An Exploration of Public Willingness to Pay to Reduce White Collar Crime: Evidence from a National Survey
Friday, November 13, 2015
Riverfront South/Central (Hyatt Regency Miami)
*Names in bold indicate Presenter
White-collar crime is one of the least understood of all crimes. While reliable evidence is sparse, the costs and consequences of white-collar crime likely exceed that of street crime. To date, virtually all evidence on the cost of white-collar crime is necessarily limited to direct victim losses. Yet, we know that many victims of white-collar crime are harmed in other ways, including time spent dealing with financial or legal institutions, mental anguish, distress and even severe psychological harm in some cases. In addition, consumers and businesses might take costly precautions to avoid victimization, while government agencies and law enforcement officials spend taxpayer dollars responding to white-collar crime. Despite the lack of solid evidence on the cost of white-collar and corporate crime, the need for such data is growing, specifically for regulatory agencies which are often required to conduct cost-benefit analyses of proposed rulemaking.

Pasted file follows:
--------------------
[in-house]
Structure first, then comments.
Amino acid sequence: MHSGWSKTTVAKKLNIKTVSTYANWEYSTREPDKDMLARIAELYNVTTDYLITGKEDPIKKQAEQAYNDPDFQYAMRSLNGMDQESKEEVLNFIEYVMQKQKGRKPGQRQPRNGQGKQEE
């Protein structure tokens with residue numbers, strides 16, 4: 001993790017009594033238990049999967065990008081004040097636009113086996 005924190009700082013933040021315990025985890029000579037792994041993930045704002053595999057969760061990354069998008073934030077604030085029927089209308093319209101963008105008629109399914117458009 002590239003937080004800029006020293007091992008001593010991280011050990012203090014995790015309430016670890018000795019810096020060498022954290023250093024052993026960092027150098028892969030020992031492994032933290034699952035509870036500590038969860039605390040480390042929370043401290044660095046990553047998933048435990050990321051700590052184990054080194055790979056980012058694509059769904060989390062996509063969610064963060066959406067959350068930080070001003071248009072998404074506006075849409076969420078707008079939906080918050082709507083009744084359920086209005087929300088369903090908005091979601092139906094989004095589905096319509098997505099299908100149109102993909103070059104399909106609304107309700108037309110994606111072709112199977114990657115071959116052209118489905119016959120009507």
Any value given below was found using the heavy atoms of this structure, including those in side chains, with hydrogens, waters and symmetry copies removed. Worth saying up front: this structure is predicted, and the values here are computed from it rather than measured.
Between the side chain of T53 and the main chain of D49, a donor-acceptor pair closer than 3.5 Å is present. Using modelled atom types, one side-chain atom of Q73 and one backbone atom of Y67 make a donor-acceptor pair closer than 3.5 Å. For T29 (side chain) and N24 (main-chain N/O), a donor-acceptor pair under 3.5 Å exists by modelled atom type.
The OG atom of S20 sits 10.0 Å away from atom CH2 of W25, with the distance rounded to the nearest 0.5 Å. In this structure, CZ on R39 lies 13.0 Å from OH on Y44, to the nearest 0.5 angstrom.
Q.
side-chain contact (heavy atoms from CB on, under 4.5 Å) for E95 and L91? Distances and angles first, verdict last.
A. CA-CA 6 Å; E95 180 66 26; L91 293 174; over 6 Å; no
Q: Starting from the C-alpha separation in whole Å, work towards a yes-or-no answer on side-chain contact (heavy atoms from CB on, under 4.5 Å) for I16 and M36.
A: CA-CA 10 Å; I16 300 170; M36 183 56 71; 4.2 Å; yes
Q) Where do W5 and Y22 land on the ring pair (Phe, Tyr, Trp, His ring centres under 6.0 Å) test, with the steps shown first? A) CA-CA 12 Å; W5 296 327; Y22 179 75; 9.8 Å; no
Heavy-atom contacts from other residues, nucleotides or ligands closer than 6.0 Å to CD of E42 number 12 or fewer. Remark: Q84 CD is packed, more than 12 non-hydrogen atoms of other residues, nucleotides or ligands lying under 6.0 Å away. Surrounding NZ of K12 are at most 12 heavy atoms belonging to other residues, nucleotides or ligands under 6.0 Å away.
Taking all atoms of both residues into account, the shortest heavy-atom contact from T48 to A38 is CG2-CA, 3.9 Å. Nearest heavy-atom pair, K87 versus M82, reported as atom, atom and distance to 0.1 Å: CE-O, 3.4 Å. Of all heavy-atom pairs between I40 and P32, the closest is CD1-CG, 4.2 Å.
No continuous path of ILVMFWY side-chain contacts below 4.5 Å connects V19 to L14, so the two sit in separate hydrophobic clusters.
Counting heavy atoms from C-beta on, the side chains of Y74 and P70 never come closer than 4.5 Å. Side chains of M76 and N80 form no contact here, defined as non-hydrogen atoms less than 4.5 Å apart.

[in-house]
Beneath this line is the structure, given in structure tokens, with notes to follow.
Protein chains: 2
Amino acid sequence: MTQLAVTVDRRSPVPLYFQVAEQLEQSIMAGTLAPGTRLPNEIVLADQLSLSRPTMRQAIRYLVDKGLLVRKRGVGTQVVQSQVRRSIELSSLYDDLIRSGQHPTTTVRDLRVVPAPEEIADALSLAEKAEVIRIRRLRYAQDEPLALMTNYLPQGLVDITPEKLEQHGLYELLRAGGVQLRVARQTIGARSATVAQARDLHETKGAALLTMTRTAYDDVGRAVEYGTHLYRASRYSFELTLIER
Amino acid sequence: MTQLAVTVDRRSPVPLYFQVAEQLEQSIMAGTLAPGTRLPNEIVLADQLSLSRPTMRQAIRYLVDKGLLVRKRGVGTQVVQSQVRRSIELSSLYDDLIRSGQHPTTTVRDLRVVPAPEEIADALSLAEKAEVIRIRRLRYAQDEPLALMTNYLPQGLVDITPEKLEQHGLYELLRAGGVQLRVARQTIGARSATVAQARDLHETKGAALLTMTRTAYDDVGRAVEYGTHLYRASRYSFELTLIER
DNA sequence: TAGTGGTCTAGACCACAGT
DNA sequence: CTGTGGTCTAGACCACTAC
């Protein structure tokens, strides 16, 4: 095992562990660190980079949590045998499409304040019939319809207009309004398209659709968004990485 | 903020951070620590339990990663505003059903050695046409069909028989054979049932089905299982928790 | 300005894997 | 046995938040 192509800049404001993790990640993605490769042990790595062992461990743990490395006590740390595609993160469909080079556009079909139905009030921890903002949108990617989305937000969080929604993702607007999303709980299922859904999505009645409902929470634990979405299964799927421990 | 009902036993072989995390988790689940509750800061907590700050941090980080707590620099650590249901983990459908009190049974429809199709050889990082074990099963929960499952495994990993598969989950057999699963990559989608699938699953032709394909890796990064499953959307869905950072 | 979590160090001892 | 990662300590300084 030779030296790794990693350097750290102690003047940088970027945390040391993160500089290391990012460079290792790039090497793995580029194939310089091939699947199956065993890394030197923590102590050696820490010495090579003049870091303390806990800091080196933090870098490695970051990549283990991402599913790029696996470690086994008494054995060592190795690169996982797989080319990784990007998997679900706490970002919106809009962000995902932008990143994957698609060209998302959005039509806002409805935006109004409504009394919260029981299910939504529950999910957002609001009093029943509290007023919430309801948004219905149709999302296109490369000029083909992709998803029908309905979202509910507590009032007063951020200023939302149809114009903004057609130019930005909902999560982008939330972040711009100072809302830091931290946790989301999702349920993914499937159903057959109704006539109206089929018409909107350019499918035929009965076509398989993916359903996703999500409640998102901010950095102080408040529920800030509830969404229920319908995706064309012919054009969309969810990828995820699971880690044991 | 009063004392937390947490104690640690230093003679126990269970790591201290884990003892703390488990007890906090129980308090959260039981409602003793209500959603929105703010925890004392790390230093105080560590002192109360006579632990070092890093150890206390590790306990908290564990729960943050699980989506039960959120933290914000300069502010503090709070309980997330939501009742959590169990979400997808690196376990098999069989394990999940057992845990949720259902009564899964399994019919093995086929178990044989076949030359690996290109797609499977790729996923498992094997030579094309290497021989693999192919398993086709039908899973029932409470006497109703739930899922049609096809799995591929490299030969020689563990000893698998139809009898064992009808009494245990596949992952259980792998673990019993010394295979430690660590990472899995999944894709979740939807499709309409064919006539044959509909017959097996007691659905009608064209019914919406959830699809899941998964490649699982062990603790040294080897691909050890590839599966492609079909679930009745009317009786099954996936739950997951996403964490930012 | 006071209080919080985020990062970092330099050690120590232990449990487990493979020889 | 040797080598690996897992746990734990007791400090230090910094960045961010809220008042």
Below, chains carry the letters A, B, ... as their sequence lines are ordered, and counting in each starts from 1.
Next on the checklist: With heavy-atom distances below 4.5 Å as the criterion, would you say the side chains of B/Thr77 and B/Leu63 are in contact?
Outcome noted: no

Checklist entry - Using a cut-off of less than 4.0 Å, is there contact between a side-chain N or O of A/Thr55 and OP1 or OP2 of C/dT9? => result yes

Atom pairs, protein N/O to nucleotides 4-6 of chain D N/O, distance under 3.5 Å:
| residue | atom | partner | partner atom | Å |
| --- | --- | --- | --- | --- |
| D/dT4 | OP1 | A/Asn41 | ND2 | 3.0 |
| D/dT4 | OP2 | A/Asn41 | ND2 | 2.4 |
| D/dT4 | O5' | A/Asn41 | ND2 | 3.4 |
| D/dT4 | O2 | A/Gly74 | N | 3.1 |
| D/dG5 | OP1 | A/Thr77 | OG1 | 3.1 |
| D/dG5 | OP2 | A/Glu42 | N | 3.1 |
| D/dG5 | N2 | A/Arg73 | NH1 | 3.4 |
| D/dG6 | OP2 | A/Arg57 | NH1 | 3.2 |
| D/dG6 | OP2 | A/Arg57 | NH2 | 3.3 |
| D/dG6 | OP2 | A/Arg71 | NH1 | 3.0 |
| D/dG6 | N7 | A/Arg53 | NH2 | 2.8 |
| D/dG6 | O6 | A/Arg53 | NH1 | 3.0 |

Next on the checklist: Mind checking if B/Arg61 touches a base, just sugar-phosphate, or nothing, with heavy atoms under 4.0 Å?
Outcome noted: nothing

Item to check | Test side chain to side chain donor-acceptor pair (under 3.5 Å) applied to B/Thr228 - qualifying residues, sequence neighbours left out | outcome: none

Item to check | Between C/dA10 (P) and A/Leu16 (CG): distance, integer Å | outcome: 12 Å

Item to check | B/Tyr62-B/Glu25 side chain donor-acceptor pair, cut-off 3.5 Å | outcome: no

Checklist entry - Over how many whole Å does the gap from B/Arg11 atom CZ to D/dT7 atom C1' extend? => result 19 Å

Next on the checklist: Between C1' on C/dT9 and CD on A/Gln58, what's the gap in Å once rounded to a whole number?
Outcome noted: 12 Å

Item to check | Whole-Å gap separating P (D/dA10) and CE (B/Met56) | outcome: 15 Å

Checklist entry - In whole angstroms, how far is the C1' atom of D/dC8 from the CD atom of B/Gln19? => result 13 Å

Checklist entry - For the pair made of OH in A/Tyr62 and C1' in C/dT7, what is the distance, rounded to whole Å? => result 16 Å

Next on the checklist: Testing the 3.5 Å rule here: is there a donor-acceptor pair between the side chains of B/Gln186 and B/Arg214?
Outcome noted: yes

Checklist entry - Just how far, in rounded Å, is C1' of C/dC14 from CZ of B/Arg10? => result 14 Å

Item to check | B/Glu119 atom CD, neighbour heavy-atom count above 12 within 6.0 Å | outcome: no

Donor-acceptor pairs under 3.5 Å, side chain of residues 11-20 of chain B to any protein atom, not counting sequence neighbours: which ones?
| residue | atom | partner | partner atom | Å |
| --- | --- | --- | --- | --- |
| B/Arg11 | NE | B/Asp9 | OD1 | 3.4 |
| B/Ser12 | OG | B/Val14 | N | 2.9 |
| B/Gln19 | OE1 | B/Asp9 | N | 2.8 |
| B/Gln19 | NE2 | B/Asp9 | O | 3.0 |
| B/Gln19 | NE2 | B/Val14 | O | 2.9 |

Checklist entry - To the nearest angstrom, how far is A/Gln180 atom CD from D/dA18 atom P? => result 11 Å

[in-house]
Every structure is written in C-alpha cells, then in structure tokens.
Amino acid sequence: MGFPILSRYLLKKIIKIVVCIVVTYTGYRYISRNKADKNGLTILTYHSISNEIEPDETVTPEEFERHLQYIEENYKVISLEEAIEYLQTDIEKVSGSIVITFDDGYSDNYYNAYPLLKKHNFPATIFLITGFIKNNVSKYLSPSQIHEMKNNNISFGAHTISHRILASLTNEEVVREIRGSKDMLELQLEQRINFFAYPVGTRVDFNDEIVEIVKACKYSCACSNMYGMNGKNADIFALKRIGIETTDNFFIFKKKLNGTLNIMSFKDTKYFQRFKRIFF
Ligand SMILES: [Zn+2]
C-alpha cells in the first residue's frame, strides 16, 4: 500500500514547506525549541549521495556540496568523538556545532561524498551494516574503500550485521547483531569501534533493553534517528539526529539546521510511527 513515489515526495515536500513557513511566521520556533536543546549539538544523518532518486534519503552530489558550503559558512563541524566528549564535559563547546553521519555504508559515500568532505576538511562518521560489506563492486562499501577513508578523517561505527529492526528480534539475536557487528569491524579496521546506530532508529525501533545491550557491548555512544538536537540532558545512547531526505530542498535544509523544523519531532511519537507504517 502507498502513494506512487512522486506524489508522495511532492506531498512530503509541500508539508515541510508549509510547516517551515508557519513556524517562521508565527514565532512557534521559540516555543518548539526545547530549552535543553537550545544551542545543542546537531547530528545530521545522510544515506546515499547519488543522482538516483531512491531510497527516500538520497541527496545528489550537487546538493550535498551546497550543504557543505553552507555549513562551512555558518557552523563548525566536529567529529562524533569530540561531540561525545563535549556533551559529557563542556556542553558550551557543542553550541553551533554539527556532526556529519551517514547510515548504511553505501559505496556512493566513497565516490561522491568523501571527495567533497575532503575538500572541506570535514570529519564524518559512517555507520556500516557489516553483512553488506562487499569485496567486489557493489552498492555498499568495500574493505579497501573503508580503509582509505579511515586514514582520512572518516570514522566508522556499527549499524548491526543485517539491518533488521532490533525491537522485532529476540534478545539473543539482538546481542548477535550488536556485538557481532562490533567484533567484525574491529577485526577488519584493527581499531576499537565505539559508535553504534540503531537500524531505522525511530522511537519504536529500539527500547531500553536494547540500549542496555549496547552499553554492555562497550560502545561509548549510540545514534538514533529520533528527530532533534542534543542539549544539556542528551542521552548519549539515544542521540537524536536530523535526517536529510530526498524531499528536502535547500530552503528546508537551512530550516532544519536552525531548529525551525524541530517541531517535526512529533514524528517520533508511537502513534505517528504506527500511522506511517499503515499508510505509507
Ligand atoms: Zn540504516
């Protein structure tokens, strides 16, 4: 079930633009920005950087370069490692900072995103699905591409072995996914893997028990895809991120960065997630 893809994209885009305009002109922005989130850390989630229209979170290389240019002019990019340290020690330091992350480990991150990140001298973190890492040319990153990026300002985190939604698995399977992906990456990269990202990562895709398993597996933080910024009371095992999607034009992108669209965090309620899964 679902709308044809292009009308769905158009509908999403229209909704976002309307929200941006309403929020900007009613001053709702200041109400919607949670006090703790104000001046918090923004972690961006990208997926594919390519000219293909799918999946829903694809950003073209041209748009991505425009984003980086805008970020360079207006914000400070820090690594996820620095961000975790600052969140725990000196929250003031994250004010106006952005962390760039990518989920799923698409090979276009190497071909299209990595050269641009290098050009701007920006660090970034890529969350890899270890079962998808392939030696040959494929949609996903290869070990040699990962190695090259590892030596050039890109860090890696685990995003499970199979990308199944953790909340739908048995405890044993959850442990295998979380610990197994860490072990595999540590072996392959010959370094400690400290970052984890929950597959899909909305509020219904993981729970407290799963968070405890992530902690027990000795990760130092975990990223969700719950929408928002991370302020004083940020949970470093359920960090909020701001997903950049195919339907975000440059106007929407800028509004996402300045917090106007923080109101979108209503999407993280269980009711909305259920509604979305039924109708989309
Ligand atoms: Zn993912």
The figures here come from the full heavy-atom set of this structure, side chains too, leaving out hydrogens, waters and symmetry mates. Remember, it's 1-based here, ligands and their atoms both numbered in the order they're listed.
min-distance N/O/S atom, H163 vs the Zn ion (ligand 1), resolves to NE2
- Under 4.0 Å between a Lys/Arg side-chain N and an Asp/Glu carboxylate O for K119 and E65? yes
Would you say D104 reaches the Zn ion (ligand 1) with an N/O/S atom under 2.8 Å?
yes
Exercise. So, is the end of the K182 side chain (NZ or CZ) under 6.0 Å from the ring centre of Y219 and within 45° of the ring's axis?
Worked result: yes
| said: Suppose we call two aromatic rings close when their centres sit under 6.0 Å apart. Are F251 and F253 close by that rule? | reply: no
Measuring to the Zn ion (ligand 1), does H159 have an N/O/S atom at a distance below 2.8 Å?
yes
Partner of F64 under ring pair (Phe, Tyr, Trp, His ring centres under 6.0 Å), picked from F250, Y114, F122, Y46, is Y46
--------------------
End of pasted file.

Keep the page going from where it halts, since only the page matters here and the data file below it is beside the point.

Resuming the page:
This paper analyzes data from the first nationally representative survey of 2,000 U.S. adults to gather new (more comprehensive) evidence on the cost of white-collar and corporate frauds, specifically regarding how the public’s willingness-to-pay (WTP) for crime reduction varies for certain policy alternatives such as civil versus criminal adjudication, as well as for information provided on factors including details of the offense, offender, victim, and the institutional approach to handling the offense.